Gender and migration


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Gender and migration

  1. 1. Gender and MigrationBy: Oriana Marsh, Vera Mirhady, and Yvonne Su
  2. 2. OutlineIntroduction: What is gender?Gender in the Migratory Process - Helma LutzFeminisation of Migration and the Social Dimensionsof Development: the Asian case - Nicola PiperShort FilmDiscussion GroupsConclusion
  3. 3. Introduction: What is Gender POP QUIZ QUESTION #1
  4. 4. Gender vs. SexAccording to the World HealthOrganization: “Sex” refers to the biological and physiological characteristics that define men and women “Gender” refers to the socially constructed roles, behaviours, activities, and attributes that a given society considers appropriate for men and women
  5. 5. Gender in Migration ScholarshipUntil the 1970s, most researchfocused exclusively on malemigrants.In the 1970s and 1980s,scholarship began to focus onthe experience of femalemigrants.Initially, the introduction of theconcept of gender intomigration studies meant simplyadding women to the male bias.
  6. 6. Gender as a Concept“Gender is not simply avariable to be measured, but aset of social relations thatorganize immigrationpatterns. The task, then, begin with an examinationof how gender relations...facilitate or constrain bothwomen’s and men’simmigration and settlement.”- Pierrette Hondagneu-Sotelo
  7. 7. Gendered Geographies of PowerA framework forexamining genderacross transnationalspaces.Composed of threefundamental elements:geographical scales,social locations, andpower geometries.
  8. 8. Geographical ScalesGender operatessimultaneously on multiplespatial and social scales acrosstransnational terrains.When looking at gender andmigration, think about theimpact on the macro-, meso-,and micro- levels.Ex. the body, the family, thestate
  9. 9. Social LocationsPerson’s positions withininterconnected power hierarchiescreated through historical,political, economic, geographic,kinship-based, and other sociallystratifying factors.Imagine a social locationcontinuum from mostdisadvantaged to most privilegedand locate people in different sitesalong it, roughly identifying theplaces and predicaments fromwhich they may take action.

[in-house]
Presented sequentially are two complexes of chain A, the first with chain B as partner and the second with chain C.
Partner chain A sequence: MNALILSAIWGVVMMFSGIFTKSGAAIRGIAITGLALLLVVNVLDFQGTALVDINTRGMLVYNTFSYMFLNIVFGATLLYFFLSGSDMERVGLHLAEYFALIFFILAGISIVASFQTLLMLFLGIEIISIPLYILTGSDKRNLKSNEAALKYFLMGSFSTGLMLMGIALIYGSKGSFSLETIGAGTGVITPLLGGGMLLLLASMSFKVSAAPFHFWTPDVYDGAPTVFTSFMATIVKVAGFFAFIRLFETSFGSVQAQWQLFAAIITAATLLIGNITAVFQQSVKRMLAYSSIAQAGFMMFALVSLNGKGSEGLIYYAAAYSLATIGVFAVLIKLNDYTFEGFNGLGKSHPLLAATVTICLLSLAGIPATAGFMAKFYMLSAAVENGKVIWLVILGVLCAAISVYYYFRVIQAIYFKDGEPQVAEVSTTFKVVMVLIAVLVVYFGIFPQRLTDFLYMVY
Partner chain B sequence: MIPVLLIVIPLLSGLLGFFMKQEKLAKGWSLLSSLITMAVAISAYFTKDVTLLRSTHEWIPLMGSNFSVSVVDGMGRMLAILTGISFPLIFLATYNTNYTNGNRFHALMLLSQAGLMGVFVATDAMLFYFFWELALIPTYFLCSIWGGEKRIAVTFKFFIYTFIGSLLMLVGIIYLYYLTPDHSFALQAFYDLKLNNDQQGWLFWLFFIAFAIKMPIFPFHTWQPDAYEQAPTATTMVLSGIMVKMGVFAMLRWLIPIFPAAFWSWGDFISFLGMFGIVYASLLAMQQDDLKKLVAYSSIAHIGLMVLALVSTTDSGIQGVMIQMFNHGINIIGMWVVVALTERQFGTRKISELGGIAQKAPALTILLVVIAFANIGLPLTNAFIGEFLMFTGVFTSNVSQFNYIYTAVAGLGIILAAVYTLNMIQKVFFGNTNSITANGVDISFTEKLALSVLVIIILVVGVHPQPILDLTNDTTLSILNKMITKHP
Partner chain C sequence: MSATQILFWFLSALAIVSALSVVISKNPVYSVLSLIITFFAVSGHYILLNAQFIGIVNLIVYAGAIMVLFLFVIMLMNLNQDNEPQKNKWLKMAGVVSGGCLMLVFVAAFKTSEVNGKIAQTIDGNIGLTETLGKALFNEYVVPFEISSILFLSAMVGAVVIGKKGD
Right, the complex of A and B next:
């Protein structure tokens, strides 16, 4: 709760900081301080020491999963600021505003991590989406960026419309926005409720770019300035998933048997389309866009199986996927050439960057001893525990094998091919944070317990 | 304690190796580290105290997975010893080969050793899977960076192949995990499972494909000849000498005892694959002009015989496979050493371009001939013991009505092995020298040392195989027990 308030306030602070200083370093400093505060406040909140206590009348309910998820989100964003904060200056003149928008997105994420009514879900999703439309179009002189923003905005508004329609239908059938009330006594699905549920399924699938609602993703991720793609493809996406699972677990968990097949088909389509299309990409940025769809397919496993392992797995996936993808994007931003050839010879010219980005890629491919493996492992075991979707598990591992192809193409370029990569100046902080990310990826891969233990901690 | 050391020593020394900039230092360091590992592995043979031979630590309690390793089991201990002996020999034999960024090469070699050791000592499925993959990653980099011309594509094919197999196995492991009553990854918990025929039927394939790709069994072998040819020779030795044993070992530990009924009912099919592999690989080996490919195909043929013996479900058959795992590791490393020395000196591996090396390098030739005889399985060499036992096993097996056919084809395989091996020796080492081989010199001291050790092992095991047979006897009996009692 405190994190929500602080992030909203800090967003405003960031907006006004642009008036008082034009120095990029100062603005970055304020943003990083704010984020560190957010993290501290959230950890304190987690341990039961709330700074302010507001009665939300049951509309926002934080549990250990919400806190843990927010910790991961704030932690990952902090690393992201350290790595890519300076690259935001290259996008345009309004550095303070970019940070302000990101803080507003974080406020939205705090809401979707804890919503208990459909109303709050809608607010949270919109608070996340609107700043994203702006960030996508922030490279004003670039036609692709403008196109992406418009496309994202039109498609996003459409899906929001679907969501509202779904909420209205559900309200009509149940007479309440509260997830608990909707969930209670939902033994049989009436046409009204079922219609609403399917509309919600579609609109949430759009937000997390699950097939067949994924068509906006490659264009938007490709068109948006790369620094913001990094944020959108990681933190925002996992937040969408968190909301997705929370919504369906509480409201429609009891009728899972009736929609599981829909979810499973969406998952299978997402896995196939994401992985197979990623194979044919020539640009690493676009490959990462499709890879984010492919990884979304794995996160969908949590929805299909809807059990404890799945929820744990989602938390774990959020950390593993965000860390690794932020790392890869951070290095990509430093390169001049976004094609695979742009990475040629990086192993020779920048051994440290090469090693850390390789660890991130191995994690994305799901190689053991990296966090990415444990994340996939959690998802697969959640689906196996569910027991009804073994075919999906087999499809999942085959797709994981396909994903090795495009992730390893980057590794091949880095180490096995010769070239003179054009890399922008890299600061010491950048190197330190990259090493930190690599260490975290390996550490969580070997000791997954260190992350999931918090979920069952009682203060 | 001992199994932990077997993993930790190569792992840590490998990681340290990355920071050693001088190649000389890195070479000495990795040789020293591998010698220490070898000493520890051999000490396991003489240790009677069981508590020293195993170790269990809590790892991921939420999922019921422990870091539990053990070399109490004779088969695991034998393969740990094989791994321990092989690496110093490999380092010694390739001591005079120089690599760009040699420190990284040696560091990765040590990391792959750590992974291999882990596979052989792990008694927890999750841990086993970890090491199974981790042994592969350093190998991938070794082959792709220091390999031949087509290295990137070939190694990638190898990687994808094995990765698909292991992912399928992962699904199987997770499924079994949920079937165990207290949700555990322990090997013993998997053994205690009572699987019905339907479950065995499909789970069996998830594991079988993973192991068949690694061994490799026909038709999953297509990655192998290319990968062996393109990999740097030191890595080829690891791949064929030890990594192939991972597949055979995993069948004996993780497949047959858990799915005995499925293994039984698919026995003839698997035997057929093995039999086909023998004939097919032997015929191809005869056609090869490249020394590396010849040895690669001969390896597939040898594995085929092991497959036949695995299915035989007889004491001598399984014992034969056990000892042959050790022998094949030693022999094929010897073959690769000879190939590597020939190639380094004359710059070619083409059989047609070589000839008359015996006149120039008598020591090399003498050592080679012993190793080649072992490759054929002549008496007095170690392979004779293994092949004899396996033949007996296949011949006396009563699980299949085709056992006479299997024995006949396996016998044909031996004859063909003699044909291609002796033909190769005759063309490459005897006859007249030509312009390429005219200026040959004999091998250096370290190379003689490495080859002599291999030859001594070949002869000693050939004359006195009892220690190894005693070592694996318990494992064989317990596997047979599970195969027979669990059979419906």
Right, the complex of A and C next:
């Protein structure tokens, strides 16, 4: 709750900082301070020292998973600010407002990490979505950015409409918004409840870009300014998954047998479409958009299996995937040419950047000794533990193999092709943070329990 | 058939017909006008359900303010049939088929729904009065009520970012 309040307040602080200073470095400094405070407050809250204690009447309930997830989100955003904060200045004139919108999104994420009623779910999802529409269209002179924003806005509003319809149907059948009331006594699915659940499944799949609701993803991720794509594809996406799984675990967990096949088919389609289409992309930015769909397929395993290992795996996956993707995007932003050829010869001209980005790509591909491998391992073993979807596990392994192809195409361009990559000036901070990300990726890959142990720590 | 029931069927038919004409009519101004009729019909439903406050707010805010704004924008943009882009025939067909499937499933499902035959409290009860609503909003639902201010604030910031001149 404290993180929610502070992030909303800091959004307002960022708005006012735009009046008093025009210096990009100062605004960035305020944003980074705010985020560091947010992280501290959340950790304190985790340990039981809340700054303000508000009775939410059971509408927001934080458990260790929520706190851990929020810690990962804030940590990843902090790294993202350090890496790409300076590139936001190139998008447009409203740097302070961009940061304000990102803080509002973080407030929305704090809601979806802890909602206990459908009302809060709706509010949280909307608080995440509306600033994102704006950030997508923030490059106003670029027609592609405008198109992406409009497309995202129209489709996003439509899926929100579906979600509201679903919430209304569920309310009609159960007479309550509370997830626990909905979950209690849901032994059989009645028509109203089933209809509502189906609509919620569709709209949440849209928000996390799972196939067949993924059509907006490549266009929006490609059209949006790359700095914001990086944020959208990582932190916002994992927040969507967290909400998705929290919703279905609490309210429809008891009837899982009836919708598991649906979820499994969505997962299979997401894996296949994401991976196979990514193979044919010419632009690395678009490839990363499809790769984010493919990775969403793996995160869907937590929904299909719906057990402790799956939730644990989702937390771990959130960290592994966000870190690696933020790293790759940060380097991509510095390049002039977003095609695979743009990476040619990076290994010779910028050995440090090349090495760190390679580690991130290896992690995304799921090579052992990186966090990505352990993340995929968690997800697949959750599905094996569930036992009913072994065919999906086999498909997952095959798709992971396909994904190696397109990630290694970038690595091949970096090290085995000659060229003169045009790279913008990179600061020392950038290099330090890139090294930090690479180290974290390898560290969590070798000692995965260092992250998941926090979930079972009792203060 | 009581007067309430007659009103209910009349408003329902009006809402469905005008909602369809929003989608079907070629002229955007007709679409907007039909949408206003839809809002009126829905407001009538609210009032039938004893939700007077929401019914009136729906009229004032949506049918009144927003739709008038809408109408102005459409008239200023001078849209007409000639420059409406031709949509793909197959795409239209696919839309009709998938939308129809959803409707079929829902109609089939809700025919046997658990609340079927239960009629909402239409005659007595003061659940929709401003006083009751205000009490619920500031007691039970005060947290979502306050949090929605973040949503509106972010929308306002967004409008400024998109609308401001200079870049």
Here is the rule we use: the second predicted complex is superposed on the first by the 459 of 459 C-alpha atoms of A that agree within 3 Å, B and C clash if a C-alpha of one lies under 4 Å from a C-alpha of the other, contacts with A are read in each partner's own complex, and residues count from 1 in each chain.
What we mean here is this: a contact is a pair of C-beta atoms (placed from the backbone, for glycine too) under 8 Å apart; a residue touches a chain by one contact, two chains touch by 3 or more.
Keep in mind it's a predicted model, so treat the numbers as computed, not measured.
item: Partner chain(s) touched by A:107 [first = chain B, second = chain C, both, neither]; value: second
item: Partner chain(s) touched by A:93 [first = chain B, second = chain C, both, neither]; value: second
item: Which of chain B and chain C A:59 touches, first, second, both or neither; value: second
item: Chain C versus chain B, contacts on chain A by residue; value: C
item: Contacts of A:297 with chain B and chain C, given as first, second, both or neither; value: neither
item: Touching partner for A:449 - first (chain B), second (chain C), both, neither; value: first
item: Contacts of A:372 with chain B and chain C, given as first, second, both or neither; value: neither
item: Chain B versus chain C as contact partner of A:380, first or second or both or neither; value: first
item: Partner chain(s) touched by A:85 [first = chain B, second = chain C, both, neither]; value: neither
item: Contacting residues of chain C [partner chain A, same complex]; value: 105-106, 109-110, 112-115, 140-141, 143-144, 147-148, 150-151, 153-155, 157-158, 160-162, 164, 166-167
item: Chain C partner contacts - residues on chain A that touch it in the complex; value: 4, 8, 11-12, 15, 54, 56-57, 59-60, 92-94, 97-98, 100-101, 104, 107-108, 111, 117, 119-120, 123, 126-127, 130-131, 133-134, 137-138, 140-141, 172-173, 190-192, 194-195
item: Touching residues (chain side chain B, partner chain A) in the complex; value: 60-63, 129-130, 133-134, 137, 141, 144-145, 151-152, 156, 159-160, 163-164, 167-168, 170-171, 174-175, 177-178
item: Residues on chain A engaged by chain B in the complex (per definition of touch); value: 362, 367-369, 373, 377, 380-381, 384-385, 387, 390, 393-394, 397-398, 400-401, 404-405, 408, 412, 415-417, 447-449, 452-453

10. 10. Compare and Contrast
  11. 11. IntersectionalityPOP QUIZ QUESTION #2: Define Intersectionality
  12. 12. IntersectionalityIntersectionality examines how various socially andculturally constructed categories such as gender, race,and class interact on multiple and often simultaneouslevels, contributing to systematic social inequality.Intersectionality holds that the system of oppressionreflects the intersection of multiple forms ofdiscrimination.
  13. 13. Power GeometriesThe types and degrees of agency people exert given theirsocial locations.People’s social locations affect their access to resources andmobility across transnational spaces, but also their agency asinitiators, refiners, and transformers of these locations.
  14. 14. Gender in the Migratory Process Helma Lutz
  15. 15. Male/Female Dichotomyand the Agency DebateFemale migrant: Victim or Agent? Voluntary orinvoluntary migrant?Male migrant: Victim or Agent? Voluntary orinvoluntary migrant?
  16. 16. POP QUIZ QUESTION # 3 What are some female dominated labour markets? What are some male dominated labour markets?
  17. 17. The Labour MarketLabour markets are gendered“Feminized” domains of work(domestic, entertainment,care work, prostitution)“Male dominated” domains orwork (trucking, construction)Different and similarexperiences for male andfemale migrants
  18. 18. Care PracticesRich families“outsource...the three c’s”to migrant womenEffects of “femalebreadwinners” on families Example: Mohamed Mansaray, 25 years old, deported from WinnipegBurden of care falls onwomen
  19. 19. Discourses and Transnational Parenting“The absence of migratedfathers is more widelyaccepted than the absenceof mothers” (Lutz, 1653)‘“Euro-orphan”
  20. 20. Transnational Parenting“Bhutanese childrenare often lefttemporarily fatherlessdue to migrant work,leaving families underthe care of mothers andolder brothers.” -Benjamin Graham